# Overview¶

Speclite is a lightweight package for performing basic operations on spectral data contained in numpy arrays. The basic philosophy of this package is to:

Use spectral data in numpy arrays “as-is” rather than requiring users to reformat their data or wrap it in objects.

Minimize the number of assumptions about what quantities are used to define a spectrum. For example, we do not assume that spectra are sampled in wavelength rather than frequency.

Support operations on masked arrays and correctly propagate the effects of invalid samples.

Use per-sample weights (inverse variances) when these are available.

Do not introduce any dependencies beyond numpy, scipy, and astropy.

Be compatible with python versions 2.6, 2.7, 3.3, 3.4 and numpy versions >= 1.8.

Be fully documented and unit tested, with 100% test coverage.

Use the astropy affiliated package template to benefit from its sophisticated configuration and integration with other services (TravisCI, coveralls.io, readthedocs.io) and for possible future distribution with astropy.

Speclite provides functions to perform the following basic manipulations of spectroscopic data:

`redshift()`

: transforms from one redshift to another.

`resample()`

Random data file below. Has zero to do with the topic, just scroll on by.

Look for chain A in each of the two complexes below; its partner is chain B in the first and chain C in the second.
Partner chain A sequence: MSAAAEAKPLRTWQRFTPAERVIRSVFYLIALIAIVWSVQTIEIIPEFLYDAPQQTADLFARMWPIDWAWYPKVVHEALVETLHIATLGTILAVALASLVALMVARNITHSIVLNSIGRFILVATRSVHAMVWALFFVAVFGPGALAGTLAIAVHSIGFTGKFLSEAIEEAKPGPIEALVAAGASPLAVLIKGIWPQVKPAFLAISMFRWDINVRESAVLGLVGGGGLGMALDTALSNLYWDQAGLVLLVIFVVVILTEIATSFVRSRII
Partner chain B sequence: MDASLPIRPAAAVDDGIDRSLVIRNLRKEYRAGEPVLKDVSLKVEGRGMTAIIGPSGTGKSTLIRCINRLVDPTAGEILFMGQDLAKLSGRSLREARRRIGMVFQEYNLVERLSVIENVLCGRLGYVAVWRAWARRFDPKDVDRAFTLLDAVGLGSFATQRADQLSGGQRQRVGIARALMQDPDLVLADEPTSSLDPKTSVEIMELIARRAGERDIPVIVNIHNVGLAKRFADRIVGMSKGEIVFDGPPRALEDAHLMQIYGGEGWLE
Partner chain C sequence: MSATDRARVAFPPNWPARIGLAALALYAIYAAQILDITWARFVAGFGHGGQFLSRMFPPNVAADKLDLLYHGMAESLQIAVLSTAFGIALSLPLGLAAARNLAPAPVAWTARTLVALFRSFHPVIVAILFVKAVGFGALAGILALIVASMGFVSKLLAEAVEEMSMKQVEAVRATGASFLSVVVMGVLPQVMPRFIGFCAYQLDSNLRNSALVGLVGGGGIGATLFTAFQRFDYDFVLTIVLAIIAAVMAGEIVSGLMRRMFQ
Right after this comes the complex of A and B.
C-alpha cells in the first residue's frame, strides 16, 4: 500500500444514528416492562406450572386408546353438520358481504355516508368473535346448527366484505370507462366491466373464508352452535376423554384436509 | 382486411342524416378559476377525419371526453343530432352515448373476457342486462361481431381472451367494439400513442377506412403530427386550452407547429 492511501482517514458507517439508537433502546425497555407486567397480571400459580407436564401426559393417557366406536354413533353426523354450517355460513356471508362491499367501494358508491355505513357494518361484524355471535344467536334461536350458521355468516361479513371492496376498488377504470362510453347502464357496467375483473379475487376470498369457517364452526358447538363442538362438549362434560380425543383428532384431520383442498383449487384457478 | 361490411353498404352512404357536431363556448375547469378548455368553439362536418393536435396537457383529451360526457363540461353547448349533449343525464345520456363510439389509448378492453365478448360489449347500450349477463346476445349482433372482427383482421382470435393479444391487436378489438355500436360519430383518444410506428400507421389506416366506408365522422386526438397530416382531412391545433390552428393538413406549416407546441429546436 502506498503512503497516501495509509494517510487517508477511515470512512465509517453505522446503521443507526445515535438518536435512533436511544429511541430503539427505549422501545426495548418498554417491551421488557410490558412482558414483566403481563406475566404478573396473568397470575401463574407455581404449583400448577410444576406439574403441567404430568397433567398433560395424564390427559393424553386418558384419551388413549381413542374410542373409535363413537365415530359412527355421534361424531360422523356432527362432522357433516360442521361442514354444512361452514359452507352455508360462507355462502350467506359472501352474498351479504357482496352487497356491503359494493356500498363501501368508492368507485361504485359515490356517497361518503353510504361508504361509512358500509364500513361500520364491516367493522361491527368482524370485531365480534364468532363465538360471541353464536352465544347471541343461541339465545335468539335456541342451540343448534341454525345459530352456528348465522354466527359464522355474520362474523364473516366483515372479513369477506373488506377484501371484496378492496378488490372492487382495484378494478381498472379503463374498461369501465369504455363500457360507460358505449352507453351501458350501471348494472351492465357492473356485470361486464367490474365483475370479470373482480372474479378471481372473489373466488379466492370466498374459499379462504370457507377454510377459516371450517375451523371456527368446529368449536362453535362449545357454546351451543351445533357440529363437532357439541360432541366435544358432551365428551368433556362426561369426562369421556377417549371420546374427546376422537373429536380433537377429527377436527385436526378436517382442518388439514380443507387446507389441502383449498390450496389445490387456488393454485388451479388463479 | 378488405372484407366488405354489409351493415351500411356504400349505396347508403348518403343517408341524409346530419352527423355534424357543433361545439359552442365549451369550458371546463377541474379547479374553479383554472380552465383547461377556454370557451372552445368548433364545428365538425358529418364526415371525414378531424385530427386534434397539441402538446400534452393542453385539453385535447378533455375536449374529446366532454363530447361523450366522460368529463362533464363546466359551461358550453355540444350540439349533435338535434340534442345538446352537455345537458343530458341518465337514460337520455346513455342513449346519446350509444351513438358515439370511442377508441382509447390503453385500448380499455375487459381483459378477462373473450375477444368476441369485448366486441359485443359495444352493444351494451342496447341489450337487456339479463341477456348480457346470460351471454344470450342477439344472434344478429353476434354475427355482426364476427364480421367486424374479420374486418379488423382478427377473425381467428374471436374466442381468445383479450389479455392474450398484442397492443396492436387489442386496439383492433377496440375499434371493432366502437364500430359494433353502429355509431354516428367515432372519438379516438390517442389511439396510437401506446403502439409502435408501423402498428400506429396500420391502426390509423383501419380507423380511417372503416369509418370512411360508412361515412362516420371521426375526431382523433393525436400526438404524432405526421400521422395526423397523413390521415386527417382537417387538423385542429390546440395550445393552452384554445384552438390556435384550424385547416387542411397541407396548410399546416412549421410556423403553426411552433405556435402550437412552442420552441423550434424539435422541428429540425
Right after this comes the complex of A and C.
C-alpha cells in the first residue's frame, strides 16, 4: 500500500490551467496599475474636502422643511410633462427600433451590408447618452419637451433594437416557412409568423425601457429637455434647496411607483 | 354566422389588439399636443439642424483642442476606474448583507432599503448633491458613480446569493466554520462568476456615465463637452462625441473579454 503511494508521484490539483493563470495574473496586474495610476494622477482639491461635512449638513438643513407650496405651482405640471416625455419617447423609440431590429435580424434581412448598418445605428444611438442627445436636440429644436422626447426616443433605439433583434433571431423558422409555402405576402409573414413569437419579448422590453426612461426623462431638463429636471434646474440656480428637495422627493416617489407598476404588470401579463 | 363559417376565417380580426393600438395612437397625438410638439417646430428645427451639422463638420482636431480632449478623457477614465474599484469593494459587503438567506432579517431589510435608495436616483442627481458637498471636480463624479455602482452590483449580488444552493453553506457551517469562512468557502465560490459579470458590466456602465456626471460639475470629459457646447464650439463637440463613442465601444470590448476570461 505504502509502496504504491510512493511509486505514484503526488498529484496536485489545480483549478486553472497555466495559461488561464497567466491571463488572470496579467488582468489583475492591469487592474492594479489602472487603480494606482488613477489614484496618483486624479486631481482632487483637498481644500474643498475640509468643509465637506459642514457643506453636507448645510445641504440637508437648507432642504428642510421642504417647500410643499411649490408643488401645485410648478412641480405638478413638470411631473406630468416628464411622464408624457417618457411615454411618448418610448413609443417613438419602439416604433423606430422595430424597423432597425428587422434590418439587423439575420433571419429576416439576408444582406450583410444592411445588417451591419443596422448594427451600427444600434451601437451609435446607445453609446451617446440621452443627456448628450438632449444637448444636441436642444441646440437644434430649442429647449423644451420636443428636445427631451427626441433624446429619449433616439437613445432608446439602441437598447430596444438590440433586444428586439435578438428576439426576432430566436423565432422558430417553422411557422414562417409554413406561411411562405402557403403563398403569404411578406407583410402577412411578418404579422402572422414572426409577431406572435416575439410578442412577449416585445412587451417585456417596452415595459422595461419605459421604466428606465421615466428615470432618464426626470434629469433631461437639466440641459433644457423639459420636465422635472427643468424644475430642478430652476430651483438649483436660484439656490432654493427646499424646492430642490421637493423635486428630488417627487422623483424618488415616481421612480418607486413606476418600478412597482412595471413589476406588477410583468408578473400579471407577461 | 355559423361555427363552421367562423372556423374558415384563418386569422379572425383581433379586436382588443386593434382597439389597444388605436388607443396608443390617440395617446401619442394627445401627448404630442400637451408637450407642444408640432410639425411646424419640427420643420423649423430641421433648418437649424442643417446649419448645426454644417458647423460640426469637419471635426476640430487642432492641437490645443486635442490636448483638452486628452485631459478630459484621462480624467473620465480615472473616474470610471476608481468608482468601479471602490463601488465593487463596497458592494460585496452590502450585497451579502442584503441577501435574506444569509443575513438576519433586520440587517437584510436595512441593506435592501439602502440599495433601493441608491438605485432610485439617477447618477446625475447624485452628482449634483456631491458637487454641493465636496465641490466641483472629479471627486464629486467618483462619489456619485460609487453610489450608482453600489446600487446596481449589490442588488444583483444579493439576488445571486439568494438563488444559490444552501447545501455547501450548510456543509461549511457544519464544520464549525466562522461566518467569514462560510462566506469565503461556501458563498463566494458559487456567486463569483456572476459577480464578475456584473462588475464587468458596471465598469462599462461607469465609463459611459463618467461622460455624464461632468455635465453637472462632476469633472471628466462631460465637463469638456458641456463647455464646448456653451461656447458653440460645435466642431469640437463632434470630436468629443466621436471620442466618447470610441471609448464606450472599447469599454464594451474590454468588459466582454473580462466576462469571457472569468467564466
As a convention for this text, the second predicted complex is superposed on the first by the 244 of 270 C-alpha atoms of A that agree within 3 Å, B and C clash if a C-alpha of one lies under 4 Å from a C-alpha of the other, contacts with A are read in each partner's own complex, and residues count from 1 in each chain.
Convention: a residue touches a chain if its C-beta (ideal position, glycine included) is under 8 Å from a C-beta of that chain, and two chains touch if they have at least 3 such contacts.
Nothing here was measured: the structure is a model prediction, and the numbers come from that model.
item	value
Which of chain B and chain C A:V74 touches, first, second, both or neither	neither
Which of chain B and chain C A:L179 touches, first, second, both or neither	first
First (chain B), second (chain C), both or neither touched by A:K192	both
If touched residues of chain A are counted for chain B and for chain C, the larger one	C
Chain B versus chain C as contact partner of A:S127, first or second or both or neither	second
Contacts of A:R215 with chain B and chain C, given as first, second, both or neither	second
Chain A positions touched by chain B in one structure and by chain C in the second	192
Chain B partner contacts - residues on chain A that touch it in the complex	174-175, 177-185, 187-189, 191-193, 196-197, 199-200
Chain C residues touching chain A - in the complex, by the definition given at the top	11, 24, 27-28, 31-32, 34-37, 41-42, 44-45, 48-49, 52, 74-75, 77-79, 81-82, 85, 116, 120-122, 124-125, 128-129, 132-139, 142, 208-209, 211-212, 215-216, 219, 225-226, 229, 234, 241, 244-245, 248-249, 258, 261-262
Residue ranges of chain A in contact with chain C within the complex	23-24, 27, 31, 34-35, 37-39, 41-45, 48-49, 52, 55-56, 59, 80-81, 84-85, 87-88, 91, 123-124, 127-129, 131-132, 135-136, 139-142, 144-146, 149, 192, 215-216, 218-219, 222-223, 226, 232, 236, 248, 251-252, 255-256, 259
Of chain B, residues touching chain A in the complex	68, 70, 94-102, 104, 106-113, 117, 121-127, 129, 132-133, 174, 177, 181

: resamples from one sampling grid to another using interpolation.

`downsample()`

: downsamples by combining bins in consecutive groups.

`accumulate()`

: combines two spectra on the same grid, and can efficiently stack many spectra.

`filters module`

: convolutions and magnitude calculations for some reference filters.

Operations that are planned for future versions include:

Signal-to-noise estimation.

The results of the redshift, resample, downsample and accumulate operations are always numpy structured arrays and these operations also accept structured arrays these as inputs. Some operations also accept un-structured arrays as inputs, but structured arrays should generally be preferred since they have negligible overhead and significantly reduce the burden on users to keep track of which columns correspond to which quantities.

In cases where the source data is not already in a structured array, the necessary metadata can be added without copying the underlying array data, for example:

```
>>> import numpy as np
>>> data = np.arange(9, dtype=float).reshape(3, 3)
>>> sdata = data.view([('wlen', float), ('flux', float),
... ('ivar', float)]).reshape(3)
>>> np.all(sdata ==
... np.array([(0.0, 1.0, 2.0), (3.0, 4.0, 5.0), (6.0, 7.0, 8.0)],
... dtype=[('wlen', '<f8'), ('flux', '<f8'), ('ivar', '<f8')]))
True
>>> sdata.base is data.base
True
```

You should normally use dictionary notation to refer to individual fields of a structured array:

```
>>> sdata['wlen'][1]
3.0
```

You can also use the more convenient dot notation using this recarray recipe. However, this is generally slower so speclite results are not automatically converted to numpy recarrays.

Examples of using speclite with BOSS data are included with the bossdata package.